A design spirit: Tim Novara creates a surreal world inspired by architecture and international travel
It’s no surprise to learn that Tim Novara’s favorite toys growing up were Legos. Growing up in suburban Chicago, he looked forward to trips around the city to admire the buildings and bridges, almost as much as he planned to return home to create his own buildings with the iconic toy bricks.
“Even when I was in high school, I always said I wanted to be an architect,” says Novara, who took additional drawing lessons when he was young.
This is evident in the dazzlingly colorful and design-inspired artwork he produces. Drawing as much inspiration from Pop-Surrealists as Impressionism, Novara continues to construct worlds with her hands, albeit one based on an existing real-world structure.
“I always start with a place, an object, a building, a monument, something that grounds the piece,” Novara explains from her home and studio in Hillcrest. “And I go to all of them. So all the places you see in these rooms, I’ve been there and experienced.
He draws and takes pictures of the places he visits – places as varied as Zacatecas, Mexico and Berlin, Germany. He then begins to digitally manipulate the image, adding paints and patterns, improvising and evolving with different color treatments as the piece progresses.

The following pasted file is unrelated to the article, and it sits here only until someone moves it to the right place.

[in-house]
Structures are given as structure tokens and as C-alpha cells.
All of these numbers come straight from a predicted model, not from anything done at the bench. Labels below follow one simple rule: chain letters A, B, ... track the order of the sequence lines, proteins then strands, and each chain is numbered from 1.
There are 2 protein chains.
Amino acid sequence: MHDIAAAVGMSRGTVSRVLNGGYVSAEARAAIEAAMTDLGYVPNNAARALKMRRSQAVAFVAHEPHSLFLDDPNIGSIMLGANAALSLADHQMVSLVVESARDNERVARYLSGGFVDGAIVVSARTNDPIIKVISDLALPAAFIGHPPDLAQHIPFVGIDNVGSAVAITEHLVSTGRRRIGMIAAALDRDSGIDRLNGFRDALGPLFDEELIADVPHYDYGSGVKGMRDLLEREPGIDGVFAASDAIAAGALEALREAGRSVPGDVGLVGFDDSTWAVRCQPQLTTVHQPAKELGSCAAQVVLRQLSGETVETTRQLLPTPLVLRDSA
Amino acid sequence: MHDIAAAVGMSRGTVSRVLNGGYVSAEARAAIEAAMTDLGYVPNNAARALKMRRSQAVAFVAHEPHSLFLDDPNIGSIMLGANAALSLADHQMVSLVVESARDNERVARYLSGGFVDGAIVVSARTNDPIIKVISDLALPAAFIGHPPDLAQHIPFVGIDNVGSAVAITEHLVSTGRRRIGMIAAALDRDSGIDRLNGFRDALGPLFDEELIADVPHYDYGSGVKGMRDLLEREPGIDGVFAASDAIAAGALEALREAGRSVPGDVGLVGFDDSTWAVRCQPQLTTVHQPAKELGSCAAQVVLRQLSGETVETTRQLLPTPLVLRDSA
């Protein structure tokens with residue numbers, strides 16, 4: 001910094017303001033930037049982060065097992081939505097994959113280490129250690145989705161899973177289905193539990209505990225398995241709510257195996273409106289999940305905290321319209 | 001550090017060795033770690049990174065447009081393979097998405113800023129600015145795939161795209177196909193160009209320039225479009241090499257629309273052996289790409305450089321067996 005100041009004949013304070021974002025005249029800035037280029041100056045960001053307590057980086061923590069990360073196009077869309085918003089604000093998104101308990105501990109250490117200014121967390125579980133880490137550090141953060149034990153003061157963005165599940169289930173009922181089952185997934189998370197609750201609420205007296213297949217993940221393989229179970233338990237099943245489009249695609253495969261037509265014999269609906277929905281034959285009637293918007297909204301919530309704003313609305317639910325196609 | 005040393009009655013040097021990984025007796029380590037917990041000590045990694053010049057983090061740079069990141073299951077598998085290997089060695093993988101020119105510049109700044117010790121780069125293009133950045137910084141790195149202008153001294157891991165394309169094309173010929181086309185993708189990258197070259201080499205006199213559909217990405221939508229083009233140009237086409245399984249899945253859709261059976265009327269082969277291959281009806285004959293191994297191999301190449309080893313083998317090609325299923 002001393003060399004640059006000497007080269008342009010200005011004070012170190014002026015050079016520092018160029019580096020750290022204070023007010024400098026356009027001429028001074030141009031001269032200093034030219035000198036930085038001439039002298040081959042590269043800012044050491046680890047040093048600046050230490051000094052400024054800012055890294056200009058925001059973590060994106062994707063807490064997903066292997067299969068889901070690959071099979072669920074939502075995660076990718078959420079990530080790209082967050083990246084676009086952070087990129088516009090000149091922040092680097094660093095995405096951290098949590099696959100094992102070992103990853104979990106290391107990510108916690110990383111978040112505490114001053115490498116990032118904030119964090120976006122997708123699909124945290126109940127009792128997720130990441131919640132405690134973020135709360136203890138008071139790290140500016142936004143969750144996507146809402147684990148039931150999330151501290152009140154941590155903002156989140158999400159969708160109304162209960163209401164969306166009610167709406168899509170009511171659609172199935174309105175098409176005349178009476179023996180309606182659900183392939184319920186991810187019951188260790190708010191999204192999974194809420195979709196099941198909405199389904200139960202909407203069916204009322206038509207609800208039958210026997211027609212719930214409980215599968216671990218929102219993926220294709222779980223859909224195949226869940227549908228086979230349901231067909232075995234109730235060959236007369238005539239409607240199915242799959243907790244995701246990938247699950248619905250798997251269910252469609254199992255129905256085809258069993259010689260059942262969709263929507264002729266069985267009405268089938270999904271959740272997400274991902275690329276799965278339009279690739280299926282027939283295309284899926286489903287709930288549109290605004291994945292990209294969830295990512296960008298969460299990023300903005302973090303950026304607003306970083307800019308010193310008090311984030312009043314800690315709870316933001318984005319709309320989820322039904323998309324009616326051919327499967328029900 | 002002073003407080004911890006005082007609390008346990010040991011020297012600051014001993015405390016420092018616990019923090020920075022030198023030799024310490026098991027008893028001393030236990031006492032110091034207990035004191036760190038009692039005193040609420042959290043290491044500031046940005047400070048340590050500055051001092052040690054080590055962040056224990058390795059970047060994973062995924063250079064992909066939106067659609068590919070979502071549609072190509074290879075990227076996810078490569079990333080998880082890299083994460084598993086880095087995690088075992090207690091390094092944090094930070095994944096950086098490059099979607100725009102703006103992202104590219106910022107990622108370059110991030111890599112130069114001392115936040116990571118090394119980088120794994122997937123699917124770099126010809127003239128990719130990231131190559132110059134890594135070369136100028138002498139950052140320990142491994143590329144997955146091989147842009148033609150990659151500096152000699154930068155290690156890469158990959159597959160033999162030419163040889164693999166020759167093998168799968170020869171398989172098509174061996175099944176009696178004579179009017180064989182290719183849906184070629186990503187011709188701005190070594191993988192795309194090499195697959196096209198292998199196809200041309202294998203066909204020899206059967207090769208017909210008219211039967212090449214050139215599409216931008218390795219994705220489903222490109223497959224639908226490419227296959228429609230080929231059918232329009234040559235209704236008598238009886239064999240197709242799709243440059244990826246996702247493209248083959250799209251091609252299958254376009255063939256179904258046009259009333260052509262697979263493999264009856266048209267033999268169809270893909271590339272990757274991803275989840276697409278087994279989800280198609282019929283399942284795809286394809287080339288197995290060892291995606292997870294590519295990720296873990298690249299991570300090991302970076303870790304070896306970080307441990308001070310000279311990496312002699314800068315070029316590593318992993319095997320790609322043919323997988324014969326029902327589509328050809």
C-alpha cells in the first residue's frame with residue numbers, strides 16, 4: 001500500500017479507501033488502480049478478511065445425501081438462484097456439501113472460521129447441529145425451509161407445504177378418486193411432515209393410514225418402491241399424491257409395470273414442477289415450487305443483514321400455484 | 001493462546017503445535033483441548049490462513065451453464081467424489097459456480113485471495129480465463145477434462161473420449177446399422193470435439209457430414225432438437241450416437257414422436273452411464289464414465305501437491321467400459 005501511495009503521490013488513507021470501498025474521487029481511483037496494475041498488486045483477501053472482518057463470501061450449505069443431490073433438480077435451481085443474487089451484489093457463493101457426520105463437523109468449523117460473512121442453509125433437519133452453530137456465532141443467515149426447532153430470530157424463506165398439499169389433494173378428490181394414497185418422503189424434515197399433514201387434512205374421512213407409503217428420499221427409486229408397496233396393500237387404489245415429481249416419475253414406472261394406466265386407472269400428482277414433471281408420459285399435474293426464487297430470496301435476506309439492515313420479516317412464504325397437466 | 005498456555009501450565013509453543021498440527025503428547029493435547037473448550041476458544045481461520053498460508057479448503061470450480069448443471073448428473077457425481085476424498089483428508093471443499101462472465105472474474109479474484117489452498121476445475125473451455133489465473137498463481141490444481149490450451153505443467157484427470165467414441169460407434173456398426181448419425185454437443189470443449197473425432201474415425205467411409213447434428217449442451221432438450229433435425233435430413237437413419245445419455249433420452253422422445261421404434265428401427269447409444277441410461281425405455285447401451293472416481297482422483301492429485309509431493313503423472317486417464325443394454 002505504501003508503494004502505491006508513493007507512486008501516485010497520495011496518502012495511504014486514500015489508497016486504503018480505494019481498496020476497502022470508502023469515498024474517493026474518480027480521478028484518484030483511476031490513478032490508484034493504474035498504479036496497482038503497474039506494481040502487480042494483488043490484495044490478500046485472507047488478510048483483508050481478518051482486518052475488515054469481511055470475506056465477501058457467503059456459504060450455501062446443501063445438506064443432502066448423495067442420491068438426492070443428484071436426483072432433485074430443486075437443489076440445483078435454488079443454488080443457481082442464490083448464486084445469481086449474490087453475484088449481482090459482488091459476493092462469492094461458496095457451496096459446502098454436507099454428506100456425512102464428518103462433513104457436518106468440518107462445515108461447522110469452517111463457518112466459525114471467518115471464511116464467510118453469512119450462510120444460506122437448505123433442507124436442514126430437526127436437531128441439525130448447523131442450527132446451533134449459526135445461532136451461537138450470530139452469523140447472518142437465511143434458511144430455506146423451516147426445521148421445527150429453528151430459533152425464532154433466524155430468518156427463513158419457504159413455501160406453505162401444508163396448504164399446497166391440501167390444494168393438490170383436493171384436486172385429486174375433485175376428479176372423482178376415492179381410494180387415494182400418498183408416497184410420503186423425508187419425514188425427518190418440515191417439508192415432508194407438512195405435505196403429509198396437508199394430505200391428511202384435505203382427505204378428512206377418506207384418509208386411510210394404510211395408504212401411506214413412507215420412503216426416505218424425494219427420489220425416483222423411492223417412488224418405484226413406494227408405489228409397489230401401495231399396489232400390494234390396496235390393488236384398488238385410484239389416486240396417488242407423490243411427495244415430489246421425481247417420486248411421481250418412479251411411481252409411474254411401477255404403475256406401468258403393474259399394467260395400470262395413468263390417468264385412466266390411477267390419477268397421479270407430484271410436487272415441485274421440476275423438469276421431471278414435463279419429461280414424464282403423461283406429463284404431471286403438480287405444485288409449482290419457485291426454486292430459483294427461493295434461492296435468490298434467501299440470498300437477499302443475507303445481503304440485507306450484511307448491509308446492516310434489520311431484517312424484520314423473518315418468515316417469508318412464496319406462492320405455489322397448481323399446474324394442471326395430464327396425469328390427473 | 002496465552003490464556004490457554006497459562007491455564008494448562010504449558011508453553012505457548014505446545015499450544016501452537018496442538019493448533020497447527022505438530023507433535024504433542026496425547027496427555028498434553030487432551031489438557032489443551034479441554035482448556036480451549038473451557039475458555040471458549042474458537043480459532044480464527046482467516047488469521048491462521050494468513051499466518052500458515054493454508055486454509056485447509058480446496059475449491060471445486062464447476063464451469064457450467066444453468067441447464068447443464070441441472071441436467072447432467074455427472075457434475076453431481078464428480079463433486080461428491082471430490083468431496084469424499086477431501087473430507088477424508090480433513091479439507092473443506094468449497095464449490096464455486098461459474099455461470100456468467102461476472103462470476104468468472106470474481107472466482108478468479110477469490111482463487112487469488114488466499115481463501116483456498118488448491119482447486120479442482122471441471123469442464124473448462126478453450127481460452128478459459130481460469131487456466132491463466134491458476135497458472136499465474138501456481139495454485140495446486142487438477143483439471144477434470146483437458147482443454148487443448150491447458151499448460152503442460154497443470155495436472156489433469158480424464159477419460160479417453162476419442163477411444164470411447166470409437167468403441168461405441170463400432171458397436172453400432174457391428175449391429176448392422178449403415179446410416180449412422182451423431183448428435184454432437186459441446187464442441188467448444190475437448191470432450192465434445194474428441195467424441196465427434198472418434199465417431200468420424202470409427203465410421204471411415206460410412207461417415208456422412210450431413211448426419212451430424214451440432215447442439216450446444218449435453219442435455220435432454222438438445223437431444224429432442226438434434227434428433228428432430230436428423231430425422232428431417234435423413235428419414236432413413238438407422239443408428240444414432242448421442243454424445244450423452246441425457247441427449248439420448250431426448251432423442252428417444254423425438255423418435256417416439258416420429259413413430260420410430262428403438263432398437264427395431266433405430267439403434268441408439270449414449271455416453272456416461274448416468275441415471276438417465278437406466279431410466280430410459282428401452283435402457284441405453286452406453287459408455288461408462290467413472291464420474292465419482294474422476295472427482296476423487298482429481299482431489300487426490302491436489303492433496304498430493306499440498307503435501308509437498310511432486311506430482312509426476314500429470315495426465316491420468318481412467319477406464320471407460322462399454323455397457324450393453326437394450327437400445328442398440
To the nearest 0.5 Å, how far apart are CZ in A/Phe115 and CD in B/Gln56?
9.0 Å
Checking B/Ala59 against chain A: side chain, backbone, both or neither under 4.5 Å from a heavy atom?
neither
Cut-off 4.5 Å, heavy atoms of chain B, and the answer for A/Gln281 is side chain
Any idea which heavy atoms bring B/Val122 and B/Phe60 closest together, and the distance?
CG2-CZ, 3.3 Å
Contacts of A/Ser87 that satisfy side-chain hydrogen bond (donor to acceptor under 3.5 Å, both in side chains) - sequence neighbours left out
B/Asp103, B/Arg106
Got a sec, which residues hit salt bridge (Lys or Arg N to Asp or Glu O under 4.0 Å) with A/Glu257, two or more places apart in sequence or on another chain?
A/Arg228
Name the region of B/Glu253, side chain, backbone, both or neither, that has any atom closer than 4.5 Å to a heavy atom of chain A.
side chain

“It’s the real world, but it’s altered,” says Novara, who cites author Haruki Murakami as one of her biggest influences. “It’s almost like a dream or a memory, something that’s just a little off. To show that there is more than one side to the world.
And much like the worlds of artists such as Zaha Hadid, SH Raza and Federico Babina, Novara’s acrylic-based paintings are rooted in that lifelong love for design and architecture.
This is evident in pieces such as ‘Among the Crowd, Berlin’ and ‘Exhale, Palm Springs’, brightly colored pieces that combine geometric patterns and lines orbiting around a building or structure. The structure itself is manipulated in a way that gives it almost illusory dimensions, as if the viewer is watching it unfold and unfold without losing its integrity. Almost abstract in nature, the result is something like the blueprint of a building which, while existing in the real world, is bent and reformed by our subconscious.